“If you have chronic hepatitis B and C infections, you may not have symptoms in the beginning. Symptoms may not occur until the damage affects liver function. The signs and symptoms of hepatitis include fatigue, dark urine, pale stool, abdominal pains, loss of appetite, unexplained weight loss, yellow skin, and eyes, which may be signs of jaundice.
“To diagnose hepatitis, your doctor will first take your health history to determine any risk factors you may have for infectious or non-infectious hepatitis. During a physical examination, your doctor may press down gently on your abdomen to see if there is pain or tenderness. Your doctor may also feel to see if your liver is enlarged.
“If your skin or eyes are yellow, your doctor will note this during the examination. Liver function tests require the use of blood samples to determine how efficiently your liver works. Abnormal results of these tests may be the first indication that there is a problem, especially if you do not show any signs or symptoms on a physical examination of liver disease. High liver enzyme levels may indicate that your liver is stressed, damaged, or not functioning properly.”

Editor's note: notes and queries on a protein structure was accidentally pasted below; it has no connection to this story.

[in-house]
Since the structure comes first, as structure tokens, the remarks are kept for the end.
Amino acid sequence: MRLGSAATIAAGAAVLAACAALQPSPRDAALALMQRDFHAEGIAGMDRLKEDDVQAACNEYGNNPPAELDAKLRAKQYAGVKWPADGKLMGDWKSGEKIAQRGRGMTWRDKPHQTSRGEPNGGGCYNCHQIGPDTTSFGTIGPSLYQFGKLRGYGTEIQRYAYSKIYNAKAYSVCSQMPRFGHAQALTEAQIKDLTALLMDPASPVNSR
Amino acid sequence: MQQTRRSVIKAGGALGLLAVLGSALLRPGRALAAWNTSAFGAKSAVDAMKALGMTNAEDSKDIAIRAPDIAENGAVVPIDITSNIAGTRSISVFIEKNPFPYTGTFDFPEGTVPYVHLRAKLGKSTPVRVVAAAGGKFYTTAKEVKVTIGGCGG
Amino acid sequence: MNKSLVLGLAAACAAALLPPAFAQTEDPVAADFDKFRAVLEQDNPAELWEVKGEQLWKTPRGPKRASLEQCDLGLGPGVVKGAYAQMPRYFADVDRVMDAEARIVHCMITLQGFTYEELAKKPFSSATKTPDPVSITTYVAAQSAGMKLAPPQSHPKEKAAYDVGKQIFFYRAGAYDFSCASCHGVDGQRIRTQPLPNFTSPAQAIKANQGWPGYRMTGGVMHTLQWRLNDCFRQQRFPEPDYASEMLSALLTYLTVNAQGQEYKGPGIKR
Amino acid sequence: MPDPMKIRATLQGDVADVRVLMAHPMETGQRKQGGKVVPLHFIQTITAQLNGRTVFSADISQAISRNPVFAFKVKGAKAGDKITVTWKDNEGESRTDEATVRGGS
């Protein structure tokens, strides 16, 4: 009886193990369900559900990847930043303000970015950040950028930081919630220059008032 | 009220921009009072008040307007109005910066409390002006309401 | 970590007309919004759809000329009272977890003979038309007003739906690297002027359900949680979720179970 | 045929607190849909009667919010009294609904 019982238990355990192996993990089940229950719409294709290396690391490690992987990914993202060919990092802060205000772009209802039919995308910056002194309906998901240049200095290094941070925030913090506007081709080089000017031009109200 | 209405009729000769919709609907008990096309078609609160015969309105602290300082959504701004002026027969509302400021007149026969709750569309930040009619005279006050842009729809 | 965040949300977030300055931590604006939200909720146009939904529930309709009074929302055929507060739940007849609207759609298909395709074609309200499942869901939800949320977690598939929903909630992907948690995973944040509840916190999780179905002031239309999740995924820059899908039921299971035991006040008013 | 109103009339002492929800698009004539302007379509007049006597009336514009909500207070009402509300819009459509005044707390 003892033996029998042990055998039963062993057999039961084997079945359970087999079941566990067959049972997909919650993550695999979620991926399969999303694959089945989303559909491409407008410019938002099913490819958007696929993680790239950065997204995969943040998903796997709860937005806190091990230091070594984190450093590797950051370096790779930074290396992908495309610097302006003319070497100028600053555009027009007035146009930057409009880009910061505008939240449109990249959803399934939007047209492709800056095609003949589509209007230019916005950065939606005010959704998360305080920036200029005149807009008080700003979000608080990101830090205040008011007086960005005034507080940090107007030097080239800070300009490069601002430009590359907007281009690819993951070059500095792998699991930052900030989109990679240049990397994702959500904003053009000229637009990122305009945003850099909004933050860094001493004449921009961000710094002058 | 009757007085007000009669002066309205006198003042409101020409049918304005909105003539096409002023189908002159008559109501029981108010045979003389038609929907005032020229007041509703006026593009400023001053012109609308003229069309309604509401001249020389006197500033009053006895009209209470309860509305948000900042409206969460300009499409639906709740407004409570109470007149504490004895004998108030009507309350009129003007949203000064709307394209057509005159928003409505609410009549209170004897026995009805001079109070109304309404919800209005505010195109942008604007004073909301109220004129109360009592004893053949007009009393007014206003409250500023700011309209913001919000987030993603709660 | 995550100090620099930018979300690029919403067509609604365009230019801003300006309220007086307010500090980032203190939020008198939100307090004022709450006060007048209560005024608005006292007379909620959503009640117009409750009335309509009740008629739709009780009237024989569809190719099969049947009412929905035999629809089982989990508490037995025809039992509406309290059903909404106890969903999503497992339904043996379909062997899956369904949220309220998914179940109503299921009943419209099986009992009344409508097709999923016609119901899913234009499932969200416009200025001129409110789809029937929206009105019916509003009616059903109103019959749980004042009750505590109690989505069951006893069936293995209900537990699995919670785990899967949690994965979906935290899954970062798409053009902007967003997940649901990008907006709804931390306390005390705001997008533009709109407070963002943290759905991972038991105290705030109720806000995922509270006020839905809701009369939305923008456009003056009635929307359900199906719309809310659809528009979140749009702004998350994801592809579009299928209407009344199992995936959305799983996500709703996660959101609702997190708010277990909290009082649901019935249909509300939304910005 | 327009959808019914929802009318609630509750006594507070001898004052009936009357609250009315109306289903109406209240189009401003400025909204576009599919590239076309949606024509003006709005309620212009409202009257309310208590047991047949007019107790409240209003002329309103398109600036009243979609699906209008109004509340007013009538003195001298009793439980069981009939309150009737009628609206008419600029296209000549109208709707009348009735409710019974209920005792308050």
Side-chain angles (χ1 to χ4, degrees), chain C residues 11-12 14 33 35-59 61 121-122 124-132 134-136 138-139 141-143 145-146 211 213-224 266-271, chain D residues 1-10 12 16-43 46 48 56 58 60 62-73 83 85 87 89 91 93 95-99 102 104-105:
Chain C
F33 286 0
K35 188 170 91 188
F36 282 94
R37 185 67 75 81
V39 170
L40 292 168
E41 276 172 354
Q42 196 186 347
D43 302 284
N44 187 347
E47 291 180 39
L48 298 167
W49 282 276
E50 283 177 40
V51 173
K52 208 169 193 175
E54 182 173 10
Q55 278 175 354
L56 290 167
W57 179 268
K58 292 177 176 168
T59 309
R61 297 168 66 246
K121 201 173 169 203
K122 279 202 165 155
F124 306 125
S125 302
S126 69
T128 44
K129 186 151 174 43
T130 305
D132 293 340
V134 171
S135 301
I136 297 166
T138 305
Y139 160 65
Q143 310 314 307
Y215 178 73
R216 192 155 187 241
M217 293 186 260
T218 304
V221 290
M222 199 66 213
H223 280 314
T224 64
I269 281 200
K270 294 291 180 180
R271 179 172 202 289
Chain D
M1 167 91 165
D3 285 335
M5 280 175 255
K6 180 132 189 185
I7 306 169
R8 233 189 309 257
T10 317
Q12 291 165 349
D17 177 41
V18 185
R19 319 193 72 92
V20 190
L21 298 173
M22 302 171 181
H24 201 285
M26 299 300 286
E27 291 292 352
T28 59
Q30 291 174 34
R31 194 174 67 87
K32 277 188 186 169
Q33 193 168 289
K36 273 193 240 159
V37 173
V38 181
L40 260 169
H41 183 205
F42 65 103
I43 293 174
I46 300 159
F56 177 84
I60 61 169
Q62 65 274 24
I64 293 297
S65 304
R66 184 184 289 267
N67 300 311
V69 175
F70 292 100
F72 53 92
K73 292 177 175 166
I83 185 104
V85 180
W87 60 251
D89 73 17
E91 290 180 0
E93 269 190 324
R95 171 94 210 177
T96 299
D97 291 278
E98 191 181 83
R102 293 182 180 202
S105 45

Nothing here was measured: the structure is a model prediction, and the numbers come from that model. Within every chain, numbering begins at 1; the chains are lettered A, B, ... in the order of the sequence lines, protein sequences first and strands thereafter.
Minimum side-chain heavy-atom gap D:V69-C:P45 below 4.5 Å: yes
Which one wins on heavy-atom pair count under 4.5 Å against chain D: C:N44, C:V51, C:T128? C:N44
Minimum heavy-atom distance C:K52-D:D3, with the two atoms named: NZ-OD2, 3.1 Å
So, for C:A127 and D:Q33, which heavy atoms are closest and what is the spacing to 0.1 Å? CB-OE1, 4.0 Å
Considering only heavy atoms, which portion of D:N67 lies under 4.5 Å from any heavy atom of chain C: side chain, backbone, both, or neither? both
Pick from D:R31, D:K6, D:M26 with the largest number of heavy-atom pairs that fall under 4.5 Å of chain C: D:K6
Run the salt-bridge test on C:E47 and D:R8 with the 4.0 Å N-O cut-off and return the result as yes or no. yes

Ogunbor disclosed that treatment options are determined by which type of hepatitis the patient has, and whether the infection is acute or chronic.
He said: “For instance, hepatitis A does not usually require treatment, as it is a short-term illness. Bed rest may be recommended if symptoms cause a great deal of discomfort. Hepatitis A vaccine is available to prevent this infection. Most children begin vaccination between 12 and 18 months. It is a series of two vaccines. Vaccination for hepatitis A is also available for adults and can be combined with the hepatitis B vaccine.
“Acute hepatitis B does not require specific treatment. Chronic hepatitis B is treated with antiviral medications. This form of treatment can be costly, as it must be continued for several months or years. Treatment for chronic hepatitis B also requires regular medical evaluations and monitoring to determine if the virus is responding to treatment.
“Hepatitis B can be prevented with vaccination. Hepatitis B vaccination is recommended for all newborns. The series of three vaccines are typically completed over the first six months of childhood. The vaccine is also recommended for all healthcare and medical personnel. (The Guardian)